Another Linux vulnerability has been discovered impacting Snapd, the package installed by default in Ubuntu and used in other distros like Debian, OpenSUSE, Arch Linux, Fedora and Solus. The vulnerability could enable a local attacker to obtain administrator privileges.
This means root access and taking over the system. The vulnerability, identified as CVE-2019-7304 and dubbed “dirty sock exploit” affects Snapd versions 2.28 through 2.37.
CVE-2019-7304 Dirty Sock Exploit: Details
In January 2019, Chris Moberly discovered a privilege escalation vulnerability in default installations of Ubuntu Linux. The issue was triggered by a bug in the snapd API, a default service. Any local user could exploit this vulnerability to obtain immediate root access to the system, Moberly explained.
Here’s the official description of the CVE-2019-7304 vulnerability:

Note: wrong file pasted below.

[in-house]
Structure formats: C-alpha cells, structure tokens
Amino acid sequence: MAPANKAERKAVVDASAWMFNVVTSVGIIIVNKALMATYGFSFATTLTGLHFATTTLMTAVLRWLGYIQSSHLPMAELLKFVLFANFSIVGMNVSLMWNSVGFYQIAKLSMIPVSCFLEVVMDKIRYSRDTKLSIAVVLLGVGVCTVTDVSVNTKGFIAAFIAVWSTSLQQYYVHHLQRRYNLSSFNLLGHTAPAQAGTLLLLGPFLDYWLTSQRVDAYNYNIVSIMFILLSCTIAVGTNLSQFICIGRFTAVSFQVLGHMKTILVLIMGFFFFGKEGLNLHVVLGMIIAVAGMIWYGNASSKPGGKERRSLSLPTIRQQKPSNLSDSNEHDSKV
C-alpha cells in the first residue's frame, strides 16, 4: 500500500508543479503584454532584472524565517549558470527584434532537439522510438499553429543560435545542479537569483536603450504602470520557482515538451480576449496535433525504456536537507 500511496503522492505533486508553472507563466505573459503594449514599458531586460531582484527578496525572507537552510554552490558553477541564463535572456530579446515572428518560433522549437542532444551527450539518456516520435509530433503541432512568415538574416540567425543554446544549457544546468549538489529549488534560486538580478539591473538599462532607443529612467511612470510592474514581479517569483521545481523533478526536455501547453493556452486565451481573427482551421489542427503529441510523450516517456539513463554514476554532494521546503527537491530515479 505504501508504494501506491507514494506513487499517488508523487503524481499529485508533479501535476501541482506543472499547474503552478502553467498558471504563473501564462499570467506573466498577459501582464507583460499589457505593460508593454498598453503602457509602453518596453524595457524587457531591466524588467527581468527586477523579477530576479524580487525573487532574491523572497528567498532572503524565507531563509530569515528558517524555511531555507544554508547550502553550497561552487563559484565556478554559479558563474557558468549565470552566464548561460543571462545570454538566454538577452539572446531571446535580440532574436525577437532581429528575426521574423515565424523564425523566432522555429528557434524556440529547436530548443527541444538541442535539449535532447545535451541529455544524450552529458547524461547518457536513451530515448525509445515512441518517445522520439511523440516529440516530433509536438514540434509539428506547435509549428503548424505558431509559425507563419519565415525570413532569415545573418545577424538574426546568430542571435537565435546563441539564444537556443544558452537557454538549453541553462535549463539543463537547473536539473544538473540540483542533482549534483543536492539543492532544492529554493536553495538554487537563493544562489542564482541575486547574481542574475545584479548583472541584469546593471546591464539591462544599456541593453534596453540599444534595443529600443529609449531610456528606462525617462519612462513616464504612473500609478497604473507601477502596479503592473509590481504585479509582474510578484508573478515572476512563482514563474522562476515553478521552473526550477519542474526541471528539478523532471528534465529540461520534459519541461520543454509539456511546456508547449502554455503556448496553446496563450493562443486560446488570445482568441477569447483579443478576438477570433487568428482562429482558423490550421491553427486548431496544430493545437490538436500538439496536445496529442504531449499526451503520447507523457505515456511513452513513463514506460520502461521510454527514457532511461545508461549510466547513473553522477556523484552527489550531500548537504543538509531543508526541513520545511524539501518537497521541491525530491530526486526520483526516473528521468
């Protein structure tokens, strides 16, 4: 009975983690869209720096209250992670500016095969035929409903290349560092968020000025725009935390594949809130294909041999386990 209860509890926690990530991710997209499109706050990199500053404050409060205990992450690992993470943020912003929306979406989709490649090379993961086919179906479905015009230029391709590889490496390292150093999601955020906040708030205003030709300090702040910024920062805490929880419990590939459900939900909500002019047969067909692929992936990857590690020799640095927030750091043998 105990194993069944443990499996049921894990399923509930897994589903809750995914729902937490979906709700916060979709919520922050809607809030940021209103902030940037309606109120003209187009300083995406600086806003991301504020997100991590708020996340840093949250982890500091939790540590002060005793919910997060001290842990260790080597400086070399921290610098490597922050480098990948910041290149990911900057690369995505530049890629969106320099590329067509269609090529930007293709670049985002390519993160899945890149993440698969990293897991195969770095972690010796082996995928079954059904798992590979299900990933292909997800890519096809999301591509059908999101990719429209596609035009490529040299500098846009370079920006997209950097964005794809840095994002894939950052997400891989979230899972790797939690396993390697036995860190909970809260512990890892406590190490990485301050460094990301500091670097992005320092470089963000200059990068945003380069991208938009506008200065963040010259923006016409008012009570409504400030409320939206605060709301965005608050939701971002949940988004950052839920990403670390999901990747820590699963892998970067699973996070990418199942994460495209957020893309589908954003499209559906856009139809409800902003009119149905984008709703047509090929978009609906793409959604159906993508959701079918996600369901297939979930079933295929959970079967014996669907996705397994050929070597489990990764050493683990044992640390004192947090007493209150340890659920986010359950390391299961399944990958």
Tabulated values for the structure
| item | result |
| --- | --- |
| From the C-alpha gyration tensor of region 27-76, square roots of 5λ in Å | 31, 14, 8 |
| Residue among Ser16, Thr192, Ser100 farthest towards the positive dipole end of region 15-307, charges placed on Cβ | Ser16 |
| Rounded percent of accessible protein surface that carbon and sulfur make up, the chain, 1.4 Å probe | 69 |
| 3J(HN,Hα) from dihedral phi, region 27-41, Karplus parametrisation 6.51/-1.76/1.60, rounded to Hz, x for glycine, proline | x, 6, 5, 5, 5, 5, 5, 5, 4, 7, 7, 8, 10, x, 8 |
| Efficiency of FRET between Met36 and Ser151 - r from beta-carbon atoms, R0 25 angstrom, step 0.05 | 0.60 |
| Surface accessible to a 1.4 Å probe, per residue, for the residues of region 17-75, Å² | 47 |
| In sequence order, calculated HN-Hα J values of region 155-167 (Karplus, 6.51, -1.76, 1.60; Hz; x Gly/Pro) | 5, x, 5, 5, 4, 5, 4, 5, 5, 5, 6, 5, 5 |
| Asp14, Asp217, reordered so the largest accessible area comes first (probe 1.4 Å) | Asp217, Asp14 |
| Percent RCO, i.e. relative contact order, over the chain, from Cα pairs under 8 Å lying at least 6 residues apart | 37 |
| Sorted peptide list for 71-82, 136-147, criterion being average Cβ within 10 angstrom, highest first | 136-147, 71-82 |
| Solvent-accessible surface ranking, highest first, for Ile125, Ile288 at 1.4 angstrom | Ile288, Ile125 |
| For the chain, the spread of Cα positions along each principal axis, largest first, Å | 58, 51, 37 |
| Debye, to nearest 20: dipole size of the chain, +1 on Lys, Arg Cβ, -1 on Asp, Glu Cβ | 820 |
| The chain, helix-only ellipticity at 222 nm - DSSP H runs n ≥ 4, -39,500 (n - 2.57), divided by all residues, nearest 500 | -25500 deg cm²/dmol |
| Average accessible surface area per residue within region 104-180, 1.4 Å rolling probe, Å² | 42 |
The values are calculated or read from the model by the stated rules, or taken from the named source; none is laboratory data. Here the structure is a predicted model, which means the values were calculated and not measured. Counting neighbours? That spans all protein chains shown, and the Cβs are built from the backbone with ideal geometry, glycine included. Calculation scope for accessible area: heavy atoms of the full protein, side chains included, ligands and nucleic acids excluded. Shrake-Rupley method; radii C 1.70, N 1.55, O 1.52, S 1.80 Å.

snapd 2.28 through 2.37 incorrectly validated and parsed the remote socket address when performing access controls on its UNIX socket. A local attacker could use this to access privileged socket APIs and obtain administrator privileges.
One of the first things an attacker would do when looking into ways to compromise a machine is to look for hidden services that are running in the context of root. HTTP servers are prime candidates for exploitation, but they are usually found on network sockets. So, there is “a good target for exploitation” – a hidden HTTP service that is likely not widely tested as it is not readily apparent using most automated privilege escalation checks, the researcher noted in his report.
It should be noted that Snapd is becoming a crucial component of Ubuntu, especially in the leaner spins such as Snappy Ubuntu Core for cloud and IoT. Unfortunately, malware has already sneaked in some of these packages. Last May, two packages, 2048buntu and Hextris, uploaded to the Ubuntu Snaps Store by user Nicolas, contained malware.
The vulnerability has already been reported to Canonical in late January. Fortunately, it’s already fixed in Snapd version 2.37.1 and later. Ubuntu and the other impacted Linux distros have already implemented a fixed version of the package.